6. Therefore, it is plausible to assume there could be natural reasons or explanations for the capability differences between Jesus and all non-supernormal human beings.(from 5, 2).

Alexander R Pruss said...

Surely 4 is false. Certain capabilities are such that the hope of a natural explanation is extremely weak if not completely non-existent. For instance, the capability of casting out demons at a word (this is obvious if one takes demonic possession literally; but it is likewise true if demonic possession should be read as mental illness; I actually think it need not be an either/or here), the capability of raising the dead to life, the capability of restoring sight to the blind, the ability to walk on water and to give another the power to do so, etc.

radical_logic said...

Let's consider the capability of, say, restoring sight to the blind.

What very good reason do you have that would make it true that it is not *plausible* (not necessarily probable) to assume the capability difference can be explained, at least in part, in terms of differences in terms of physiology?

How do you know an advanced alien couldn't perform the same feat?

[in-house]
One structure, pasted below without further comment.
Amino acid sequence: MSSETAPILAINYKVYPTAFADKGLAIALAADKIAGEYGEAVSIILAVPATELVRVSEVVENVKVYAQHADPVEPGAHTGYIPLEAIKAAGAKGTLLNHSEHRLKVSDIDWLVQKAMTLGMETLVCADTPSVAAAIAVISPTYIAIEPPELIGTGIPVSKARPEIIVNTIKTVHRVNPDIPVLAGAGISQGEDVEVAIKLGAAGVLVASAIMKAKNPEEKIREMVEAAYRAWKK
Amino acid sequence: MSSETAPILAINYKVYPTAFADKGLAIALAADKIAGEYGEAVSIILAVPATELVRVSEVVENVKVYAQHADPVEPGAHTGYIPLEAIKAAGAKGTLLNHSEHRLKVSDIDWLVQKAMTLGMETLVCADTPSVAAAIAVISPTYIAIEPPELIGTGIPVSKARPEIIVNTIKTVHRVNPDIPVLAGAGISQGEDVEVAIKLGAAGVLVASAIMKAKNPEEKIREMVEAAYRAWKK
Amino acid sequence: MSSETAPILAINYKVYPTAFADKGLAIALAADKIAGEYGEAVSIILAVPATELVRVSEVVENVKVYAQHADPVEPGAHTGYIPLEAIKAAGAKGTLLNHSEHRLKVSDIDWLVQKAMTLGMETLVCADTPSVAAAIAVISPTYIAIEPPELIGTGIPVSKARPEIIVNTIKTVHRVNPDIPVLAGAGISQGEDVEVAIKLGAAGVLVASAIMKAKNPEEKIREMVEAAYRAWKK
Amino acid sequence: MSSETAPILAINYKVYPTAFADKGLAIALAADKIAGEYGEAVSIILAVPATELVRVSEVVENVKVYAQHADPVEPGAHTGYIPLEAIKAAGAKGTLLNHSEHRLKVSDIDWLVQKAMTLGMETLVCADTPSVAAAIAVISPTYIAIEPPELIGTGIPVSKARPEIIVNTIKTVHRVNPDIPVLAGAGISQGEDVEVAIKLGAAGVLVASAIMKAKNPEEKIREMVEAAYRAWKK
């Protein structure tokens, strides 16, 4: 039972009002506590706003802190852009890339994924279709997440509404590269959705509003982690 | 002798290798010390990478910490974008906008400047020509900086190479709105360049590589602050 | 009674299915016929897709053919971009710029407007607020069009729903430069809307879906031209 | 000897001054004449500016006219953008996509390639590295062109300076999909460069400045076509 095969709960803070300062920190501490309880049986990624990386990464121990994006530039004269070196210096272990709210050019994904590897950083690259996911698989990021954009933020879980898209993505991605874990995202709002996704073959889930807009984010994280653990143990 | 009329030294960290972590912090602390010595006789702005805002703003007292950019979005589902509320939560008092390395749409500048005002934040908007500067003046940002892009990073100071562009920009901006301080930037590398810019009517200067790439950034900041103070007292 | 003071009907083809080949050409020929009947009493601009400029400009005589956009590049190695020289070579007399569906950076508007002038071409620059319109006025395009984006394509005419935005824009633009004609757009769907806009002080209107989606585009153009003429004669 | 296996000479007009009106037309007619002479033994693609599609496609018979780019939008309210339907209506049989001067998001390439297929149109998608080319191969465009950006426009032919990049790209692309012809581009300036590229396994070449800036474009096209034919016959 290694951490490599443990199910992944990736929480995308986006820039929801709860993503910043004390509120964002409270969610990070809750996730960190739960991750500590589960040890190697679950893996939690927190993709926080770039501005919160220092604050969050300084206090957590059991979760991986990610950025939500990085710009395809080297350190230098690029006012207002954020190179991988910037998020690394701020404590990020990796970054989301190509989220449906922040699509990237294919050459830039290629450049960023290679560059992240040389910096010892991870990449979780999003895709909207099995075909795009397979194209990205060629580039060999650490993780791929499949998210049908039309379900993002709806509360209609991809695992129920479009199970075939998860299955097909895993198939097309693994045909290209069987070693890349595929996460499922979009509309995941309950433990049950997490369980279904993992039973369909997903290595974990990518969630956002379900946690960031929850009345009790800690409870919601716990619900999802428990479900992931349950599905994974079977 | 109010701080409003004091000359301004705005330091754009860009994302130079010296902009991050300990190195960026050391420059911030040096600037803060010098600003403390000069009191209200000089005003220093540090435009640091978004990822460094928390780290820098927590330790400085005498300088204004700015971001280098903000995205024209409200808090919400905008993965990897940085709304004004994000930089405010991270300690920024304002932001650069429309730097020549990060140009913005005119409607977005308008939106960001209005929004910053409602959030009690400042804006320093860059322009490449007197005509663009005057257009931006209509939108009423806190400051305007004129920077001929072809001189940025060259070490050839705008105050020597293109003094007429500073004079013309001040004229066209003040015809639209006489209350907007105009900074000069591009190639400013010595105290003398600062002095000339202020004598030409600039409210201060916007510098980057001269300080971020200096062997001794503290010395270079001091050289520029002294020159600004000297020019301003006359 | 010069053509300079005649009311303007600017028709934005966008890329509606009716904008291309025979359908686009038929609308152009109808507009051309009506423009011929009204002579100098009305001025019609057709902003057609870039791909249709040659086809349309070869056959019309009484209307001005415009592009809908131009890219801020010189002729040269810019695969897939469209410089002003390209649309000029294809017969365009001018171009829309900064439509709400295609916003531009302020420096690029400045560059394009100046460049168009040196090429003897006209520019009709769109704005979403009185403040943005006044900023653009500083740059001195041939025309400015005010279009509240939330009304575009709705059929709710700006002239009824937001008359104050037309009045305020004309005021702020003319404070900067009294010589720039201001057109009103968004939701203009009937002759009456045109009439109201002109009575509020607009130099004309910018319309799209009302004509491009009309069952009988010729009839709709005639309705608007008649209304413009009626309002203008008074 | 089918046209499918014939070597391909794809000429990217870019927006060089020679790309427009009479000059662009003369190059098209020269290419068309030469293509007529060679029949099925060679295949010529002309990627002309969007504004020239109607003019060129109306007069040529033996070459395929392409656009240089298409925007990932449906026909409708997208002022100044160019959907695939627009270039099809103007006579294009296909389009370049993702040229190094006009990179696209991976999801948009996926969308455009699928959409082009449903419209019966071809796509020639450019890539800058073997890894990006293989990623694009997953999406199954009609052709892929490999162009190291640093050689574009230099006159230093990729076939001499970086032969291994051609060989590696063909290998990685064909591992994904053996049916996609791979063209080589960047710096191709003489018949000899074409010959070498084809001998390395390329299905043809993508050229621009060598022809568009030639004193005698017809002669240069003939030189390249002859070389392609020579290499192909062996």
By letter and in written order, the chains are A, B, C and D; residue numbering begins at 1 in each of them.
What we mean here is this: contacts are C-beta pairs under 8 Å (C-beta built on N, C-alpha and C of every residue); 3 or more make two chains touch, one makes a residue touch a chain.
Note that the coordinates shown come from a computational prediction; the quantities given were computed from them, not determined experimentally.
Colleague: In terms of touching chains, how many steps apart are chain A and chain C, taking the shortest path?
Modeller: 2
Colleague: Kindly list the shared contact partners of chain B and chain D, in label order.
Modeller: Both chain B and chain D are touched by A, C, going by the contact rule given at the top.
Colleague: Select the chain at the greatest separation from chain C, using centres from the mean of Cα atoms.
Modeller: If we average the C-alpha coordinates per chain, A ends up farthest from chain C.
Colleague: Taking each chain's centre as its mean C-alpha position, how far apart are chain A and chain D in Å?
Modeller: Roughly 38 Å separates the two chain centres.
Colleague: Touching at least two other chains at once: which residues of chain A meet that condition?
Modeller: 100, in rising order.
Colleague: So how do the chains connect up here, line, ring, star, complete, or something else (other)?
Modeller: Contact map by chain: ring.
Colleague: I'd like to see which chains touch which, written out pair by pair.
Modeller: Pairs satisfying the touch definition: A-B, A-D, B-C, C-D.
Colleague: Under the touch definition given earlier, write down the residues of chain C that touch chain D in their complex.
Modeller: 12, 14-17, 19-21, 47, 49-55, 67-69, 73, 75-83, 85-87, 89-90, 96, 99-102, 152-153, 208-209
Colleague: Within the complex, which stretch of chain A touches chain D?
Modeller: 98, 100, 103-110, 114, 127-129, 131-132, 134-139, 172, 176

Alexander R Pruss said...

Aliens--maybe. But we are talking about a human. Moreover, the alien hypothesis just does not seem to me to be as plausible as the supernatural one. I suppose that is because I do not have that strong a preference for natural explanations over supernatural ones.

The best case for me is resurrection from the dead, at least if one is a dualist, since then resurrection requires somehow "getting hold of" the soul of the deceased.

radical_logic said...

"Aliens--maybe. But we are talking about a human. "

Are we, really? Jesus had no biological father. Hence it's entirely plausible to assume he wasn't fully human. Why not?

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Moreover, the alien hypothesis just does not seem to me to be as plausible as the supernatural one. I suppose that is because I do not have that strong a preference for natural explanations over supernatural ones.
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Nevertheless, if the hypothesis is *plausible*, even if some other hypothesis is more plausible, premise (4) stands.